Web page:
Rinderpest

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A Viral Biorealm page on the family Rinderpest


File:Rpv1.jpg
Rinderpest Within Host Cell
Photocredit: Virology.net

Baltimore Classification

Group V: (-) sense single-stranded RNA viruses

Higher order categories

  › ssRNA negative-strand viruses
      › Mononegavirales
        › Paramyxoviridae
          › Paramyxovirinae
            › Morbillivirus
              › Rinderpest virus

Description and Significance

Rinderpest Virus (RPV), a term derived from German, meaning cattle-plague, is the cause of gastrointestinal illness most commonly seen in cattle and buffalo, but occurs less frequently and with less conspicuity in sheep, goats, camels, and some species of Sus. Among livestock plagues, Rinderpest is one of the oldest on record, dating back 9000 years, and was the subject of several pioneering insights in agricultural medicine (Broad, 1983). It is also believed that all other members of the Morbillivirus genus evolved from RPV (Norrby, E; 1985). The virus has recently been made to recombine to aid in the production of a more effective vaccine (Baron, Foster-Cuevas, et al.1999). RPV cannot infect humans, but the high mortality rate it exhibits in immunologically-naïve populations of cornerstone livestock, it is devastating to international trade, rural incomes, and the survivability of local populations alike (Shaila, 2006).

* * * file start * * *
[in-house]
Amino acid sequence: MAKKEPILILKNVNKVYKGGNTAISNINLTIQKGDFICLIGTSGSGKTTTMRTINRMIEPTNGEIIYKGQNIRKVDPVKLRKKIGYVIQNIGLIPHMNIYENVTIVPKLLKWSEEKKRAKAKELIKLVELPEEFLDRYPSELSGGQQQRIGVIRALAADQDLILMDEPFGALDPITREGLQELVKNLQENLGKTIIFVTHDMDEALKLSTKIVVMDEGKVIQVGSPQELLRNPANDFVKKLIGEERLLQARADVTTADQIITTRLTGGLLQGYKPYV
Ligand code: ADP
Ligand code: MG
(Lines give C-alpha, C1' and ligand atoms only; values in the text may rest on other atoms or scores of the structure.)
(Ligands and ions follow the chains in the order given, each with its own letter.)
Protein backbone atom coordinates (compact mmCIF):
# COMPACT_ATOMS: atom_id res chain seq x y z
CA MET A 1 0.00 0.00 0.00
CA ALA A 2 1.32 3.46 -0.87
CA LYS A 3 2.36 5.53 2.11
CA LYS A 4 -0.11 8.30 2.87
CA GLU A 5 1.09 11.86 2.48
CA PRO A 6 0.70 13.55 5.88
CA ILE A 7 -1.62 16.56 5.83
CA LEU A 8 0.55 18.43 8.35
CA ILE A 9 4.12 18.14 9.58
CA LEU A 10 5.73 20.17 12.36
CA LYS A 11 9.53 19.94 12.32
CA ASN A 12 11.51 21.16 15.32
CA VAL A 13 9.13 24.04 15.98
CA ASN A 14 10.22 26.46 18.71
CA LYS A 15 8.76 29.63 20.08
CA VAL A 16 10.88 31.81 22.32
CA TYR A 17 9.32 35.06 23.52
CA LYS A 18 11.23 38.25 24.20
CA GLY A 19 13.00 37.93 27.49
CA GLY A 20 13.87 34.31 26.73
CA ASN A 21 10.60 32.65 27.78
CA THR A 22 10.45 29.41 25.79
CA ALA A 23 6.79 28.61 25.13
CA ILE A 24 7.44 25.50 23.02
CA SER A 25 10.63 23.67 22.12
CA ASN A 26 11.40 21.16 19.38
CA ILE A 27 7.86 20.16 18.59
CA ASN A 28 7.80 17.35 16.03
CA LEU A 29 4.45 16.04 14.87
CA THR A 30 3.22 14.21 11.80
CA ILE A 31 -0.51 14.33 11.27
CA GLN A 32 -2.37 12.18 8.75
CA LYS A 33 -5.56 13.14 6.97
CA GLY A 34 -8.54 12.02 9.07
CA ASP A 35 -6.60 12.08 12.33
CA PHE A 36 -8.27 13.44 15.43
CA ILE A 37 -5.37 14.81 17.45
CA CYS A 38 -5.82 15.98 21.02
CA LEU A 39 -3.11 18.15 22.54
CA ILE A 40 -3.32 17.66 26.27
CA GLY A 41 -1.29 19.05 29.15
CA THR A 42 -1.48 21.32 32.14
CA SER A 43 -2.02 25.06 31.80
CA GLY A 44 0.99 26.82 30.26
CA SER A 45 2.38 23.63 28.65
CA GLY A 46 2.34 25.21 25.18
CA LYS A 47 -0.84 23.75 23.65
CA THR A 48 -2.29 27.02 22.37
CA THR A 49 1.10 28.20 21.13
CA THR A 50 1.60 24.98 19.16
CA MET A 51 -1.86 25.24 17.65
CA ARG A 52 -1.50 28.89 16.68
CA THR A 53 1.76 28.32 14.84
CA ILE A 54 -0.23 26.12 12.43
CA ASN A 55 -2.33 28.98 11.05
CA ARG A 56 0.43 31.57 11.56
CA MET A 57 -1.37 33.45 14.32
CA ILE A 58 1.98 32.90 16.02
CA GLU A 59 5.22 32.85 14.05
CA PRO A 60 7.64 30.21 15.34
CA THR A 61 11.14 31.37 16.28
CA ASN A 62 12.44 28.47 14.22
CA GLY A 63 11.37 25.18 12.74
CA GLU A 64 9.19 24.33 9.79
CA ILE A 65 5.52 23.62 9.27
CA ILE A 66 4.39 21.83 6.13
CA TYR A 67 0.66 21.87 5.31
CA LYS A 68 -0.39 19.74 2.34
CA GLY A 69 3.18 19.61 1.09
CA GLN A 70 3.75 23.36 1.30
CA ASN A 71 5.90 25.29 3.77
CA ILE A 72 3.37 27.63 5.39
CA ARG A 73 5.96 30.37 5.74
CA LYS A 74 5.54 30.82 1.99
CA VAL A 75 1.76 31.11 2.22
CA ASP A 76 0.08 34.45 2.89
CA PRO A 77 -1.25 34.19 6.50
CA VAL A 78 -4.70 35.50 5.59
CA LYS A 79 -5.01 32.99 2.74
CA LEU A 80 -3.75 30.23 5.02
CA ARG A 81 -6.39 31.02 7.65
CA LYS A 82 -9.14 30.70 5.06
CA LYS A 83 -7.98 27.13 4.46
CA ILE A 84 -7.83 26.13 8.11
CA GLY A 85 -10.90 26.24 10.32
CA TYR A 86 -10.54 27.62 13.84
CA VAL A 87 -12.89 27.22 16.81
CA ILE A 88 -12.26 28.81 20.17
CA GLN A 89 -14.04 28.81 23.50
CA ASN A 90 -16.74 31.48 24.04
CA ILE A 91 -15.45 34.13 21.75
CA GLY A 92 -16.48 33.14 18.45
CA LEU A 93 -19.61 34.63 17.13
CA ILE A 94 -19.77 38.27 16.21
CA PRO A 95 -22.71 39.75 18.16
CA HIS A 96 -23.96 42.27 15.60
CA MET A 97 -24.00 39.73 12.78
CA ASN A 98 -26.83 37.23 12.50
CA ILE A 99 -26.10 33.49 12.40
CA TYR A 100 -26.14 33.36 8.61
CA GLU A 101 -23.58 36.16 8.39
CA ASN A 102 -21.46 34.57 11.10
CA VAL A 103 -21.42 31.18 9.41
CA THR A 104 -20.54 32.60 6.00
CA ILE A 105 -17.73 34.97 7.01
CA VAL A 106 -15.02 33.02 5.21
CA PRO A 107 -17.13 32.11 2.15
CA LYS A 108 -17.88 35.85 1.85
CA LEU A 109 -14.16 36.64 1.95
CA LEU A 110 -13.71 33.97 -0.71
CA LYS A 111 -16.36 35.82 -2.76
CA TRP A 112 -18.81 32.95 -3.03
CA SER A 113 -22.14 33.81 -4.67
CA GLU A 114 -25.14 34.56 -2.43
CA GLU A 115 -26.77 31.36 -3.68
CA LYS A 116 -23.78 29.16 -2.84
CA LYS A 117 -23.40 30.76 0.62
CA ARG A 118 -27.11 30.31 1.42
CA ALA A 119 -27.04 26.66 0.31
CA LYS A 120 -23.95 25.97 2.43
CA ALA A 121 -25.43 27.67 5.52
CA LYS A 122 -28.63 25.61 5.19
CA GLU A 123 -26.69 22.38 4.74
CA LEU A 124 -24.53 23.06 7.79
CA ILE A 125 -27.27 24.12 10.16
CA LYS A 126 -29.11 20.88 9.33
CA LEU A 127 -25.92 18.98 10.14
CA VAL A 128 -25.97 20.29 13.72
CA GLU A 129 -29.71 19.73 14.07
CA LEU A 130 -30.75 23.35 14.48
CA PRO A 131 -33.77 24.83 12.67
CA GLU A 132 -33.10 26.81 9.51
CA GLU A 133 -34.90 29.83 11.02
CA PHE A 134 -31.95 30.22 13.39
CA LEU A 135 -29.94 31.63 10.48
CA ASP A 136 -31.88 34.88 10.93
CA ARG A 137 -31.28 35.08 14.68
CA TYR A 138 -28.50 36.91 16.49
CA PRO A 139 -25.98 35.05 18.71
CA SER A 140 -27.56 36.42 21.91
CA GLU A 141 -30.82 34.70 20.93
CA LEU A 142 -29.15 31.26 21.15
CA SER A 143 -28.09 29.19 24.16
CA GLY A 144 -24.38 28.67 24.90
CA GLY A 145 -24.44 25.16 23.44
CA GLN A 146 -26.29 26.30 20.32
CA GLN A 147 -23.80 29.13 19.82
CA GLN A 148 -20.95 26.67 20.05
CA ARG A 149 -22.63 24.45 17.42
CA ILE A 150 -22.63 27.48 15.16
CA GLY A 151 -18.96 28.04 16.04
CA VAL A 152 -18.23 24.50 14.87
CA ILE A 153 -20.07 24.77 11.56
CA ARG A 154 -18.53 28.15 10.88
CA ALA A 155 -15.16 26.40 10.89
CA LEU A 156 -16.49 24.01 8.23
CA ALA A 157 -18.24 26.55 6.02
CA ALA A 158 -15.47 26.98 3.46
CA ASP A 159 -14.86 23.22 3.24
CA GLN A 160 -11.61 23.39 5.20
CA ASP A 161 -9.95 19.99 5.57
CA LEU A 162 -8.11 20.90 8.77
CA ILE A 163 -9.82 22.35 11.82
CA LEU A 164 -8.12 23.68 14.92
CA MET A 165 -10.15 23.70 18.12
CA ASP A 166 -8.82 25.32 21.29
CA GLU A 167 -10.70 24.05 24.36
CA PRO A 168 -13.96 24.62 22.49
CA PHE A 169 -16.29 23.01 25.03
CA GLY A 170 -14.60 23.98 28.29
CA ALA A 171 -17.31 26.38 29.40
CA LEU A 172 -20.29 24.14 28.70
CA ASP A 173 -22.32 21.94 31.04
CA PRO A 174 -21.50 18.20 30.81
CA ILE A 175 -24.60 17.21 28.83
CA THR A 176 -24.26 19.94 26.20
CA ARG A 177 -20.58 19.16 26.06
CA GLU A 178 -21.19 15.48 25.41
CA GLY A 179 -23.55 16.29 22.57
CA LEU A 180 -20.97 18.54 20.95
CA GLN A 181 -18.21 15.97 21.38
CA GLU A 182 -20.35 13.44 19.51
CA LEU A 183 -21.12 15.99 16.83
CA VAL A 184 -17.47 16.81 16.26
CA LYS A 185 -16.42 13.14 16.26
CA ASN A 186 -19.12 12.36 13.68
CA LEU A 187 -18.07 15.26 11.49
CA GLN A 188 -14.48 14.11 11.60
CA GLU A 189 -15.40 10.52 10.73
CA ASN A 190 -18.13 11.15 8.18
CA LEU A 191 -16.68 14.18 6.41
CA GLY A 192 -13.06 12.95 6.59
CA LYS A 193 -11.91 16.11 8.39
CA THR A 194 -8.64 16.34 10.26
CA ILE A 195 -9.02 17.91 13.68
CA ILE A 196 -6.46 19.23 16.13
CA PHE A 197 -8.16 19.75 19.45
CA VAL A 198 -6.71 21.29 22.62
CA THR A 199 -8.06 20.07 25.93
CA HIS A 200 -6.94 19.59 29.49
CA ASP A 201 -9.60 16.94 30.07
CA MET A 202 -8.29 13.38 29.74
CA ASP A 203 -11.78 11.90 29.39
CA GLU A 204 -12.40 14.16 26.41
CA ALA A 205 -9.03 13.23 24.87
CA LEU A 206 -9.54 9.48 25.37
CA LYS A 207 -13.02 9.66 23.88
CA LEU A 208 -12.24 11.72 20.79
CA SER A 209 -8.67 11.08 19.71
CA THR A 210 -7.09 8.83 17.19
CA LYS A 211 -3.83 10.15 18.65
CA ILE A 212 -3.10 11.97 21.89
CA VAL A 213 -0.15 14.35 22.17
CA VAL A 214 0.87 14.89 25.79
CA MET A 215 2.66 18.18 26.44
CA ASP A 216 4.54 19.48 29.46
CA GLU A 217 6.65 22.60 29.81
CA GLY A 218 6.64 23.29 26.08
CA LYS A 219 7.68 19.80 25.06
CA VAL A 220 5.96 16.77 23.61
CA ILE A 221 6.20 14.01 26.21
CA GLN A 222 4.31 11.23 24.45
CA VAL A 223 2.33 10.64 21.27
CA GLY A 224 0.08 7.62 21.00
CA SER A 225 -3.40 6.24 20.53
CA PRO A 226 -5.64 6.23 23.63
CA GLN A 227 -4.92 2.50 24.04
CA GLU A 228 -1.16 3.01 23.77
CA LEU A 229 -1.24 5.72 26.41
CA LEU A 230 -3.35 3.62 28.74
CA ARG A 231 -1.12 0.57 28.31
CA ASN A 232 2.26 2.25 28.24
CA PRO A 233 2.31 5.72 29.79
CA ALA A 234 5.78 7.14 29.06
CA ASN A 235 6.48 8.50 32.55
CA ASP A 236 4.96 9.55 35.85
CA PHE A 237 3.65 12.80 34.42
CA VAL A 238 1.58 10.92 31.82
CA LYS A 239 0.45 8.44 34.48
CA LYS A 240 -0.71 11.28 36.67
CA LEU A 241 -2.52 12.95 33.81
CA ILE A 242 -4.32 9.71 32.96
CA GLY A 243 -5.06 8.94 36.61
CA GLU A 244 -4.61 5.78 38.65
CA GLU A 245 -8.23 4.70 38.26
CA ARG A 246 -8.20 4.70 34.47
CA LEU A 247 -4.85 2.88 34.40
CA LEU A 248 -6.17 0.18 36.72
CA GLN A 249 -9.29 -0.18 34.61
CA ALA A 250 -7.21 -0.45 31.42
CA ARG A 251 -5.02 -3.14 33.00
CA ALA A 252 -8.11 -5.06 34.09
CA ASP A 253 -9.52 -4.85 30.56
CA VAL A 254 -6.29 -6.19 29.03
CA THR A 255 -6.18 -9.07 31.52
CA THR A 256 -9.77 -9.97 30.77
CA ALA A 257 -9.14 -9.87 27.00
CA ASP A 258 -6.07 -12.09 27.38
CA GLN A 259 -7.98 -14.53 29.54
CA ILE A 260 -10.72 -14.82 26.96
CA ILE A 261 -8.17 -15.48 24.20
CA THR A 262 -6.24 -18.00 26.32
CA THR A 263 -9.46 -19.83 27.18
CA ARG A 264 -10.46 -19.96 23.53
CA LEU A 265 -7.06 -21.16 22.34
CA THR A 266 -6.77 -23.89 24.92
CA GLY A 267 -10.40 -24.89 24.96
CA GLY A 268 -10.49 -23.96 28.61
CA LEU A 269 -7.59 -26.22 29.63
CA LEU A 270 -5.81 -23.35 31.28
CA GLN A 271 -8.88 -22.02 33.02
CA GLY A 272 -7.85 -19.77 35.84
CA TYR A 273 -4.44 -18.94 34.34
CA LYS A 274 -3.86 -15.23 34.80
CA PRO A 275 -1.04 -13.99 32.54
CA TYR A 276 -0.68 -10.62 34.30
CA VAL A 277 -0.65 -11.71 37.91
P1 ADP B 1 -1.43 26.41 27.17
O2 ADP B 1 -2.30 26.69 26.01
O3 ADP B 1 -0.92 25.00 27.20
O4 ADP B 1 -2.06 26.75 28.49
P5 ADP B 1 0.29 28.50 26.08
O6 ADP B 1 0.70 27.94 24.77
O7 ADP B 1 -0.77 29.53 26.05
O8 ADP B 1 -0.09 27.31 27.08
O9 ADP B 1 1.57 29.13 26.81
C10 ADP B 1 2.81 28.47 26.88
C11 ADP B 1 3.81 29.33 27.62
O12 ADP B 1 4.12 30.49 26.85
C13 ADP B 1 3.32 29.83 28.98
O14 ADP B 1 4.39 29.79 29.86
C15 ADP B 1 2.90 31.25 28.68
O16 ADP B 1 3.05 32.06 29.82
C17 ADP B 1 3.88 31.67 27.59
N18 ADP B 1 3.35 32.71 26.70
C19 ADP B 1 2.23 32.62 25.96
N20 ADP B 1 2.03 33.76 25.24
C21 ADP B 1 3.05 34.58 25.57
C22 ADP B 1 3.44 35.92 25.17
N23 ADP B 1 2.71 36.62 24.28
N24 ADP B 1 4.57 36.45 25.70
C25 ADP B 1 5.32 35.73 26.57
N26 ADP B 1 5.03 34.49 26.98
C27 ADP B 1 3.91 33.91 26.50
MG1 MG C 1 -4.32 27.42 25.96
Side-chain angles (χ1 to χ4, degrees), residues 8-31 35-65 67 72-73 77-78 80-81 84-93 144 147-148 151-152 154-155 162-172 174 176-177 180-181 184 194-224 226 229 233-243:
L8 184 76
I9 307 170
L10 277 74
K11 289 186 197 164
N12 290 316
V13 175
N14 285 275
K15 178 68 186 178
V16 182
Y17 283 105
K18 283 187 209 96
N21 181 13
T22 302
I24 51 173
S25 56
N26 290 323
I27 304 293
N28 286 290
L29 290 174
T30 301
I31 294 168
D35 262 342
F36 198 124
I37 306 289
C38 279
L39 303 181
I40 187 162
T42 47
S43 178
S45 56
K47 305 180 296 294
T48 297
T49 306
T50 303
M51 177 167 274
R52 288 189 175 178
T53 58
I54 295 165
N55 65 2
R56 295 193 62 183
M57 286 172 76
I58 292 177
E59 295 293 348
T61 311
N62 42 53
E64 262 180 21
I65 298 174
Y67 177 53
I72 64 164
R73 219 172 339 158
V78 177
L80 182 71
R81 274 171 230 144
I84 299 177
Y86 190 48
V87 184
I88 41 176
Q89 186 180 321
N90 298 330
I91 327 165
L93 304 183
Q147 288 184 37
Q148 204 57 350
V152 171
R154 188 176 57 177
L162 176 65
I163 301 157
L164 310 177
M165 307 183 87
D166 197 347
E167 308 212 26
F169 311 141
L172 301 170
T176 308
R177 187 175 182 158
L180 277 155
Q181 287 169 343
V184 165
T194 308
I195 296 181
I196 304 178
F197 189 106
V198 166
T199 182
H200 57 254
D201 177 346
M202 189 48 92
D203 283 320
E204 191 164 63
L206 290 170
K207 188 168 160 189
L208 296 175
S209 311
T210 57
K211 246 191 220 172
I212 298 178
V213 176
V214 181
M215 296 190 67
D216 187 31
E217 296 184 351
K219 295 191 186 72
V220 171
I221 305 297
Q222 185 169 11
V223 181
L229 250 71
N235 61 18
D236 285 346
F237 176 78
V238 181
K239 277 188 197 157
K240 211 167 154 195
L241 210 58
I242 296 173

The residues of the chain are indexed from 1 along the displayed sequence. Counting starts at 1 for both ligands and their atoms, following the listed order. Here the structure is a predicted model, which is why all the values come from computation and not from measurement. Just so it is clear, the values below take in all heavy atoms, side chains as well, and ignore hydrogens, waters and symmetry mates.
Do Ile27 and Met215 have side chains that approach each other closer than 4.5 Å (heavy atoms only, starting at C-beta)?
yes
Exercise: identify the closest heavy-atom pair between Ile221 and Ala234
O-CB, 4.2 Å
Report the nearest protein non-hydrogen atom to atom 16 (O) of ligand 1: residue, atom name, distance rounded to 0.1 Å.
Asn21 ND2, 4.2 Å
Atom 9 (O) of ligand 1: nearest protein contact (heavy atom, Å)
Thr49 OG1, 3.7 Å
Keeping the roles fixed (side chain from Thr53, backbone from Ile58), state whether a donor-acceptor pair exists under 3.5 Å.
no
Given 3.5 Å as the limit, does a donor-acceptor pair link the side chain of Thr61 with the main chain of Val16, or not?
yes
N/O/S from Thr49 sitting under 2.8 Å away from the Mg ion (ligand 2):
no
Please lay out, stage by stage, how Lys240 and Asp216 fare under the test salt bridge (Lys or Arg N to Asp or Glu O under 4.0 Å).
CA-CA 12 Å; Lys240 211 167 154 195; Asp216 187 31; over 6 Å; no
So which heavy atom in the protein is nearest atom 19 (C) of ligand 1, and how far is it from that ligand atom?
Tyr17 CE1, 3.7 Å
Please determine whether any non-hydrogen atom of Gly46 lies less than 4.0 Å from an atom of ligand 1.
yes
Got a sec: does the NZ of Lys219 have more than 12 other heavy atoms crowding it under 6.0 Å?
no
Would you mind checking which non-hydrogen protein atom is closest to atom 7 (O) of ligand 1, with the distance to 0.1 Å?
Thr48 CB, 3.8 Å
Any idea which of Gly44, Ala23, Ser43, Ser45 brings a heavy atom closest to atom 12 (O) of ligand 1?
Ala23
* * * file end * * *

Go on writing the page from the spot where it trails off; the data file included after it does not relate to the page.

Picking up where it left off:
Genome Structure

The RPV genome is 15,881 base pairs long, and consists of a single molecule (nonsegmented) of negative-sense single-stranded RNA. This contains six genes that code for structural proteins, and two that code for non-structural proteins (Shaila, 2006) that are transcribed in order form a single promoter and the 3’ terminus of the molecule (Baron; Barrett;1999).

Virion Structure of a Rinderpest virus

The Rinderpest virion is characterized by a semispherical-pleomorphic capsid surrounded by an envelope of host-derived lipids (ICTV Db, 2006). Enveloped capsids range from 150-250 nm in diameter, depending on the individual virus and the technique used. Projections of glycoproteins through channels in the lipous envelope are roughly 9-15 nm in length (ICTV Db, 2006).

Reproductive Cycle of a Rinderpest virus in a Host Cell

Very little is known regarding the specific endocellular activities of RPV, and much attention has been recently paid the production of a model. It has been strongly suggested that the plus sense leader RNA of RPV, transcribed from 3’ end of genomic RNA, specifically interacts with cellular La protein, stimulating RNA synthesis (Raha et al. 2004). Further evidence was given that interaction is made with the host cell protein striatin (Sleeman; Baron; 2004). RPV has an incubation period of 3-15 days, and will die if not transmitted to a living host before the death of the present host, as it cannot survive for any time worth consideration outside of a living organism (Shaila, 2006).

Viral Ecology & Pathology